Tragopogon dubius (Yellow Goat's Beard)
|Also known as:
|Yellow Salsify, Fistulous Goat's-beard
|sun; dry fields, along roads
|May - September
|1 to 3 feet
|Wetland Indicator Status:
|MN county distribution (click map to enlarge):
|National distribution (click map to enlarge):
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Single flower at the top of the plant and at the end of the few branching stems. Flowers are up to 2 inches across with many pale lemon yellow dandelion-type ray flowers (petals). The (usually) 13 green bracts that surround the flower are much longer than the petals.
Leaves and stem:
Leaves are grass-like blades, about ½ inch wide and up to 1 foot long, often folded lengthwise, toothless and hairless, gradually tapering to a pointed tip, clasping the stem. Stems are smooth, green or brownish, may branch near the base of the plant or have multiple flowering stems. The stems exude a milky sap when broken.
Yellow Goat's-beard is probably found in every county in Minnesota, though there are no official records for a handful of counties. It is not as aggressive as many other non-natives, though it does invade prairie habitat easily enough and is often found scattered in sunny locations. When the sun hits the seed head, it glistens with a pale bronze color and is quite attractive. A similar species, Tragopogon pratensis (Meadow Goat's-beard), also non-native, has brighter yellow flowers, bracts that are as long as or shorter than the rays, and leaves that curl at the tip.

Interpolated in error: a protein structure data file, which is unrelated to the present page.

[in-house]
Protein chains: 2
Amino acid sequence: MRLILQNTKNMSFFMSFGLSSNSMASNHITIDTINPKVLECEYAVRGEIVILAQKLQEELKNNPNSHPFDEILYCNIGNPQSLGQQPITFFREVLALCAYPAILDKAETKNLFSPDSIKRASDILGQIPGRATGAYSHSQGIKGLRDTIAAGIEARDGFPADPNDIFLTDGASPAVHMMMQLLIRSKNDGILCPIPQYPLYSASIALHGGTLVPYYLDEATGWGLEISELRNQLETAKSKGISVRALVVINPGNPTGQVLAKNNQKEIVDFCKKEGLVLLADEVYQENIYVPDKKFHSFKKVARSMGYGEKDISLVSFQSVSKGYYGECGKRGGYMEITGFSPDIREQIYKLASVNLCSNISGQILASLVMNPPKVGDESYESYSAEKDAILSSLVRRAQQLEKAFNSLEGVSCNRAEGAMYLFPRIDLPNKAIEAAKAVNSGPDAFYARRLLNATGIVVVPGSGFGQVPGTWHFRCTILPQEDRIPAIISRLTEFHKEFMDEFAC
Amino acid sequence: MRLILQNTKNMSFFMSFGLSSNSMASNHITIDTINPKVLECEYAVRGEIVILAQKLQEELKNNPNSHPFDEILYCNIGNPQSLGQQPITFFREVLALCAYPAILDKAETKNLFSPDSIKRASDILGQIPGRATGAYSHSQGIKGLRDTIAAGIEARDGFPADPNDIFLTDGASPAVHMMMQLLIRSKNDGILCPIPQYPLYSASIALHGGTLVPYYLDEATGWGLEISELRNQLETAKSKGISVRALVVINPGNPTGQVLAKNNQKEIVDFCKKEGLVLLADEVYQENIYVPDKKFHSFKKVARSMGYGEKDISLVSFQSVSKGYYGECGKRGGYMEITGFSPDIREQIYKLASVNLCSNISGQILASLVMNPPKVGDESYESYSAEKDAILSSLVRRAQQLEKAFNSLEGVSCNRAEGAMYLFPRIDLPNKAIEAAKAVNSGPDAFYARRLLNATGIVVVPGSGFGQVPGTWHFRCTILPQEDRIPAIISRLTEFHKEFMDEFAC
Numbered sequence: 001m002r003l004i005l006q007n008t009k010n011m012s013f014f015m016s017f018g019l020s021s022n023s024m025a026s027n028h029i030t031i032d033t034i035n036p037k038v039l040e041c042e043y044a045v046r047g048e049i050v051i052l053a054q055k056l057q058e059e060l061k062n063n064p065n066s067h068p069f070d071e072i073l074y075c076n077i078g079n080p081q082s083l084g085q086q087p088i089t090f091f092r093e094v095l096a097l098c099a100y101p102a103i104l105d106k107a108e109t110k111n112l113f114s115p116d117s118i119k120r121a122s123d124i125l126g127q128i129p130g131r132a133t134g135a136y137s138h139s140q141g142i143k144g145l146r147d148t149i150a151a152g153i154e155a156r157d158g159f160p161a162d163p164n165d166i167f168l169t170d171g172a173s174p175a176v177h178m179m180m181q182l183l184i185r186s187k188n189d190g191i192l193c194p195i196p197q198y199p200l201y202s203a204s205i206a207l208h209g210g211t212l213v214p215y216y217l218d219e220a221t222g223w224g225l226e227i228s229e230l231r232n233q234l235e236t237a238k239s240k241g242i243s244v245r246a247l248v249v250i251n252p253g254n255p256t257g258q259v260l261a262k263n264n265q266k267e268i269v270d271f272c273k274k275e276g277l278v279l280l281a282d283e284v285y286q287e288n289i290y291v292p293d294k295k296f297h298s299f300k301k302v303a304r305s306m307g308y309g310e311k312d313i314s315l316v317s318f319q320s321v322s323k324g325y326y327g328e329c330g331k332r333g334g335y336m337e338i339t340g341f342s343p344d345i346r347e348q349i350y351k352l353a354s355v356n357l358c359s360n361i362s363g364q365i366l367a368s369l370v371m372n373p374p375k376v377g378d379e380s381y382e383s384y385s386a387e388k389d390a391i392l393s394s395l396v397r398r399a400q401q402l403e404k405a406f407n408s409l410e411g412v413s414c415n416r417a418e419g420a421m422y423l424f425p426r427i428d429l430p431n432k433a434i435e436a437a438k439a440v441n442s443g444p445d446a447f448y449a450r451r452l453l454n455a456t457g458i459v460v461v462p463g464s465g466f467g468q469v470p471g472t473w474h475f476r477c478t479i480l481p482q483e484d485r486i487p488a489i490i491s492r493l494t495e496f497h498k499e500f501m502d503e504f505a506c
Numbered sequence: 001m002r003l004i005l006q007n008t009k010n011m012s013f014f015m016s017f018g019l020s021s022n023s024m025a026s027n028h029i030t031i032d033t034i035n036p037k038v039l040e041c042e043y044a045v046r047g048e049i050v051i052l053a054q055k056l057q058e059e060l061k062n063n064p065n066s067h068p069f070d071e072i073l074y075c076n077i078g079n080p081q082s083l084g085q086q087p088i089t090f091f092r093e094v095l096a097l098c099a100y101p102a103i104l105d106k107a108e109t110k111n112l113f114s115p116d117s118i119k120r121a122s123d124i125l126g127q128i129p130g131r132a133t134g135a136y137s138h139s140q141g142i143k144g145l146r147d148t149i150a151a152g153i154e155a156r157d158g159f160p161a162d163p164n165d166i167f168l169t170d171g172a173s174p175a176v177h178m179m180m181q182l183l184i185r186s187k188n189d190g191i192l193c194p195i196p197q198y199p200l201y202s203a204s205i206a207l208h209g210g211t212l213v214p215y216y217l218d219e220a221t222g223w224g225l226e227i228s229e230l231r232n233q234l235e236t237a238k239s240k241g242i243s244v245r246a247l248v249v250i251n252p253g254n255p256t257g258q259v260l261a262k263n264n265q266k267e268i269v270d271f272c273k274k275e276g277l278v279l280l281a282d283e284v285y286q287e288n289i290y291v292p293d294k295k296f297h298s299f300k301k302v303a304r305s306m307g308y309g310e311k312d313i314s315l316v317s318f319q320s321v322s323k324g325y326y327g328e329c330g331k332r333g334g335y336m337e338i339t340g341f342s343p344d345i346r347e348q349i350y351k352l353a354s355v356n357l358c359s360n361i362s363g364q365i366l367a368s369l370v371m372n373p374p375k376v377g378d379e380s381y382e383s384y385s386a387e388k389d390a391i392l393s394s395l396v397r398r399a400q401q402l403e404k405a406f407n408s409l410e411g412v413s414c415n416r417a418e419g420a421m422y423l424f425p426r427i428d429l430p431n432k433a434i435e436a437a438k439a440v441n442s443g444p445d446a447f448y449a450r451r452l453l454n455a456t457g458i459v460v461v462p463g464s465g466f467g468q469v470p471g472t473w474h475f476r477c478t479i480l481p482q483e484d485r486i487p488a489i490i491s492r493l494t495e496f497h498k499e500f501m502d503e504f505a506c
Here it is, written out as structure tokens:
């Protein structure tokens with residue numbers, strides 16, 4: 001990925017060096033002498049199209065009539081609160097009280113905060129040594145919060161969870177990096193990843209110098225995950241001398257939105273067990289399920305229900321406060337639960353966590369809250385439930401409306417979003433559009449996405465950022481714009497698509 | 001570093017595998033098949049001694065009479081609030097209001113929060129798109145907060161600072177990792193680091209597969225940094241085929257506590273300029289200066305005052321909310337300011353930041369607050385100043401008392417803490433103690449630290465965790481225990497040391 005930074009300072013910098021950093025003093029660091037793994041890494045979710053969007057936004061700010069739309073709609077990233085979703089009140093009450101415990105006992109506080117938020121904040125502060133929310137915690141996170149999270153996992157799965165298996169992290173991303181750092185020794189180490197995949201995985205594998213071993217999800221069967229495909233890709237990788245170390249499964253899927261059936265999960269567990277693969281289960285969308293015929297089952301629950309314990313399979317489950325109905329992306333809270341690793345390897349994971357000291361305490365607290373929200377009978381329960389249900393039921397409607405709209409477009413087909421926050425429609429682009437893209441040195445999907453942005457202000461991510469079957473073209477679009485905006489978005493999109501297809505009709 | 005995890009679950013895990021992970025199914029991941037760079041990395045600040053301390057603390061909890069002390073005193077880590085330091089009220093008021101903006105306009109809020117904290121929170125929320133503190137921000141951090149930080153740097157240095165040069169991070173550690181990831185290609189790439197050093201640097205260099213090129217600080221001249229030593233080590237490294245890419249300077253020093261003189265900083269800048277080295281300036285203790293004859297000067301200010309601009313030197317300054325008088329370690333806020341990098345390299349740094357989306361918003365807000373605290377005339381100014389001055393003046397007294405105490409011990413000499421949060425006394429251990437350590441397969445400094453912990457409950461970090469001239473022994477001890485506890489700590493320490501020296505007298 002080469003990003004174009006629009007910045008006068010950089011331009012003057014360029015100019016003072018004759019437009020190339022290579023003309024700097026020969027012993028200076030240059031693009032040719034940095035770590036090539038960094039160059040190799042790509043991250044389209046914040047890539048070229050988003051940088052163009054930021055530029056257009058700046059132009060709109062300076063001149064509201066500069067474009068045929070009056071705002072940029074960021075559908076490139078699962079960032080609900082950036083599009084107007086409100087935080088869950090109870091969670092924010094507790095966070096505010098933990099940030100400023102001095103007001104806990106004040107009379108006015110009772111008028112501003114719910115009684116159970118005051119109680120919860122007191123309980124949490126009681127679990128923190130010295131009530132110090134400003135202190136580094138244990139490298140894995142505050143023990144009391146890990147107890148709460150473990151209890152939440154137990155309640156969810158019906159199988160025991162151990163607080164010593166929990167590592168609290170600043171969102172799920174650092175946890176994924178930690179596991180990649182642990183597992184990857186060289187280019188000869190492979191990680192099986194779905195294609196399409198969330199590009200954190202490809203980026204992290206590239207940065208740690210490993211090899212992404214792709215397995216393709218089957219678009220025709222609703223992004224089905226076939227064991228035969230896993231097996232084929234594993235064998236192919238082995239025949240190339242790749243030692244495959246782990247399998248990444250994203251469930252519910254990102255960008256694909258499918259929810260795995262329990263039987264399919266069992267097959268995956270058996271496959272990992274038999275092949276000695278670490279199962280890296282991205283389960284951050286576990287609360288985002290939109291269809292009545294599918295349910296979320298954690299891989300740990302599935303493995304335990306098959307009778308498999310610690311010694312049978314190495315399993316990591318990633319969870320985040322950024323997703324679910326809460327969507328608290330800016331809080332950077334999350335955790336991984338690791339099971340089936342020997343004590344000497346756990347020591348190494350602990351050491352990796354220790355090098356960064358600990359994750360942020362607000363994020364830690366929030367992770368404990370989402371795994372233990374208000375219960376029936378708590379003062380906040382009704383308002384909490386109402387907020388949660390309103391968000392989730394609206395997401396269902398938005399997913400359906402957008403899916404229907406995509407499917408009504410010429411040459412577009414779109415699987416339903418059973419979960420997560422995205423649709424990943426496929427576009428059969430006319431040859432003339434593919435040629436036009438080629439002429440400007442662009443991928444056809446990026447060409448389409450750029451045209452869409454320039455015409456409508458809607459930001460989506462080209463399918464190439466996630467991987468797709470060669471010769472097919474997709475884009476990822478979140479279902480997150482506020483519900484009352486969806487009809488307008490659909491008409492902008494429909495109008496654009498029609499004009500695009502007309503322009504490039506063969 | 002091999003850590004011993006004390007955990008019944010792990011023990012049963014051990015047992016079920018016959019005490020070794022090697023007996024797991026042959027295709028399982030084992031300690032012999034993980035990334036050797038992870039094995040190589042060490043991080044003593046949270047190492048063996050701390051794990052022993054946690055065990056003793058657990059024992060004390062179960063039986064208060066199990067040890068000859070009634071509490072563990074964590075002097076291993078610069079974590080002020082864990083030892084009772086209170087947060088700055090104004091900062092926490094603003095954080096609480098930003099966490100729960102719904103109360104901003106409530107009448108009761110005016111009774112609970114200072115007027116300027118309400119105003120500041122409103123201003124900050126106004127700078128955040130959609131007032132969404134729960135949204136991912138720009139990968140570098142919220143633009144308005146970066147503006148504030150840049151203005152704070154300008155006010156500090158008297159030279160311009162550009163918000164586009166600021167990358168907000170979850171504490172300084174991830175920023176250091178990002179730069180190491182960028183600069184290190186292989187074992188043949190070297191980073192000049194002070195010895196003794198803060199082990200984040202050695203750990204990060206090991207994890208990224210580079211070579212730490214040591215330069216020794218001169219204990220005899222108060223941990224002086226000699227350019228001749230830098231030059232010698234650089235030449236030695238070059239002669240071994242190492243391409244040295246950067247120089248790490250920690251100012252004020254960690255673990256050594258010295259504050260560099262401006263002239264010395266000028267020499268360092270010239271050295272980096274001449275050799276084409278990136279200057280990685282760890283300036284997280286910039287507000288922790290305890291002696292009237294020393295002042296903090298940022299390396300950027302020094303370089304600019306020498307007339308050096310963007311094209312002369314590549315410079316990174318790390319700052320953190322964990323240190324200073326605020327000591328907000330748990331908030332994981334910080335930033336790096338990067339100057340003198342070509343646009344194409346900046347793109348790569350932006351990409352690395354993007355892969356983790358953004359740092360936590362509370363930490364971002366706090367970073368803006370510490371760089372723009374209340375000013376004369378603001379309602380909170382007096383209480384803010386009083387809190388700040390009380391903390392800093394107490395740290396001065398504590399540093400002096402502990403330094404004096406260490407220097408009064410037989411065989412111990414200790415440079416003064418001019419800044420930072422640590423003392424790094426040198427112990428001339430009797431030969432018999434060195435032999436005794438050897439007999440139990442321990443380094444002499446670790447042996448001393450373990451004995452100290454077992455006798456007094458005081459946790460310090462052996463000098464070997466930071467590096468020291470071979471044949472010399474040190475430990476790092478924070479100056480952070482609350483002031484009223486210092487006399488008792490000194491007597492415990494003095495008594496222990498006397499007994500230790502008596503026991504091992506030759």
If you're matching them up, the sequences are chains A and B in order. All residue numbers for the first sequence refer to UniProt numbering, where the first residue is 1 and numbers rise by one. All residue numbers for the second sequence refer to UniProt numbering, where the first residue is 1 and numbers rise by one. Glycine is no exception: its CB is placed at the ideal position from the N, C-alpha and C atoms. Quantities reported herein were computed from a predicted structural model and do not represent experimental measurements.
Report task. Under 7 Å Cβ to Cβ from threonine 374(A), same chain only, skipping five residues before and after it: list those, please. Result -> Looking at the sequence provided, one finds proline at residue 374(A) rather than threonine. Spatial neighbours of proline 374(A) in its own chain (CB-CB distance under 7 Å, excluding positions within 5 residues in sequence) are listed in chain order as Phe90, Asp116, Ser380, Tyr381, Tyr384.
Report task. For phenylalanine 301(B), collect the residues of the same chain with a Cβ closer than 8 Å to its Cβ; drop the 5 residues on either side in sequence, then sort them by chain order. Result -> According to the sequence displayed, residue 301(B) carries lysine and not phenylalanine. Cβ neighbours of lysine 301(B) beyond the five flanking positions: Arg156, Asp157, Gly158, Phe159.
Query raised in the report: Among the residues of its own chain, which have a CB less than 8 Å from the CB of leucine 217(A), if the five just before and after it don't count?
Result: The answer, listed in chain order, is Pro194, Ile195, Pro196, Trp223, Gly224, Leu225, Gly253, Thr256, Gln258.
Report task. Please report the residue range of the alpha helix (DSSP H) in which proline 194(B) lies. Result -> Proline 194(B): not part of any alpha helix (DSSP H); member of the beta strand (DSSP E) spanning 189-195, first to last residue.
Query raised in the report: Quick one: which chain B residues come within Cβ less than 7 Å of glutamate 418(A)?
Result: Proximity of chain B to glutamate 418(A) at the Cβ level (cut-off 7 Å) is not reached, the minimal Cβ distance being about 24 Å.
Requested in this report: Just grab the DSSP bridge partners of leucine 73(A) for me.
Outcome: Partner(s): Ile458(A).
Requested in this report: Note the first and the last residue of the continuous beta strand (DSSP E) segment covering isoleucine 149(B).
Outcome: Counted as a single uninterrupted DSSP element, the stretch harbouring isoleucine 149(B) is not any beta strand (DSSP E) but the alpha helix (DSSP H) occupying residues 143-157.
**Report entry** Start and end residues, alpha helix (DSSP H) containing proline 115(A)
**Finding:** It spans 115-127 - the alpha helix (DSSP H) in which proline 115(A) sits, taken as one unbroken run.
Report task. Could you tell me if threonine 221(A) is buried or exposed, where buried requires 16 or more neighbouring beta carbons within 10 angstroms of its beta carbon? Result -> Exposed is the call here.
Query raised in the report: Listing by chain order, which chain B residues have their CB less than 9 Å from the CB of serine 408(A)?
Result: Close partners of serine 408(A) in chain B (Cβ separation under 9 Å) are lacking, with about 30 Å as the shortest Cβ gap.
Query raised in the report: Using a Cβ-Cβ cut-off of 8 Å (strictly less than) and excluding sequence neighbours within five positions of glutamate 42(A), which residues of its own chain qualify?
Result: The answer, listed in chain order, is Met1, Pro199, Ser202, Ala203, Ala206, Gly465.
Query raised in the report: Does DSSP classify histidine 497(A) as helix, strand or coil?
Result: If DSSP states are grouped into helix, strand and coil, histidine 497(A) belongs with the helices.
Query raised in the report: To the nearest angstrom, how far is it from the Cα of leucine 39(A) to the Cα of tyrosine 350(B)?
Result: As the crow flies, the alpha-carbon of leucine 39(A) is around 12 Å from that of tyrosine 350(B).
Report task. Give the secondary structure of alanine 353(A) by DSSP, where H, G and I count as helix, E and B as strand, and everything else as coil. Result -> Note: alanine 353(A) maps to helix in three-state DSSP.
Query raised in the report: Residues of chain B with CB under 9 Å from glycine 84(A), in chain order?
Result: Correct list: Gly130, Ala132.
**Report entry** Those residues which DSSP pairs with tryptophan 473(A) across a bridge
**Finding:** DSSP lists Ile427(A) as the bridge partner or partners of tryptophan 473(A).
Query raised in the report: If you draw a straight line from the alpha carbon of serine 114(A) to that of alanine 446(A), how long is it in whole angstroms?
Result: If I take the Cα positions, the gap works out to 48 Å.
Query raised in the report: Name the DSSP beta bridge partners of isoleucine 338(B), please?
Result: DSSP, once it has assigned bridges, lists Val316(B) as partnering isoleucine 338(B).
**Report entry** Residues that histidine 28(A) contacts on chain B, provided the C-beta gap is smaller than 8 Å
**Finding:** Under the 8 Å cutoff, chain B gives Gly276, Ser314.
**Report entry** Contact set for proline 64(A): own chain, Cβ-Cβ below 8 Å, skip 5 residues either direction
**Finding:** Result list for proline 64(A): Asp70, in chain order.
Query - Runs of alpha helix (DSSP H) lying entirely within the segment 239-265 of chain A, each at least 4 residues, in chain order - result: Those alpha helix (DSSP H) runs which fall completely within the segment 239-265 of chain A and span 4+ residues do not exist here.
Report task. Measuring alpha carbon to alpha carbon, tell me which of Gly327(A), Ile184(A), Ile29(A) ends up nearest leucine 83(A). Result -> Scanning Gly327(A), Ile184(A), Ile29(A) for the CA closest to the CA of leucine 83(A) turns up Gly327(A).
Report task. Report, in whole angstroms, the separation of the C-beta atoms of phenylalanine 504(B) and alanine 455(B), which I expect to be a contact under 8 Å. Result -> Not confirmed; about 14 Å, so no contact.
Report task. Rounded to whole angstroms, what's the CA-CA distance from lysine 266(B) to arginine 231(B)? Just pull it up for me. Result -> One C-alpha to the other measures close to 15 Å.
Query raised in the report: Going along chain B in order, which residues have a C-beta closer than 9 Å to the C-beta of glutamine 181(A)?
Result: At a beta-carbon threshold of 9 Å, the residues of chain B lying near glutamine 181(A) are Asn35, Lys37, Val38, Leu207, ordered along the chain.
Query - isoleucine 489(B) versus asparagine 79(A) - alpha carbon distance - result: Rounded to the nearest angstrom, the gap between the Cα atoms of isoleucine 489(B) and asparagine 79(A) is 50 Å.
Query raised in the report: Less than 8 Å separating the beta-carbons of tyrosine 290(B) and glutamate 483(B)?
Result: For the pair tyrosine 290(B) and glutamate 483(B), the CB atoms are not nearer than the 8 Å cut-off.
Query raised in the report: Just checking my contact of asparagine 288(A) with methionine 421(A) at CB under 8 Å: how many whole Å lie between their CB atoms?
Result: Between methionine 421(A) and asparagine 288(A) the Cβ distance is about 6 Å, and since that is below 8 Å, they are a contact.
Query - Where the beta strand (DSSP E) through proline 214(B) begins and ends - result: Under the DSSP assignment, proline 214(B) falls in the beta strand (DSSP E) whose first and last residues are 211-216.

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Photos by K. Chayka taken at Long Lake Regional Park, New Brighton, MN. Photos by Peter M. Dziuk taken in Anoka County.
Have you seen this plant in Minnesota, or have any other comments about it?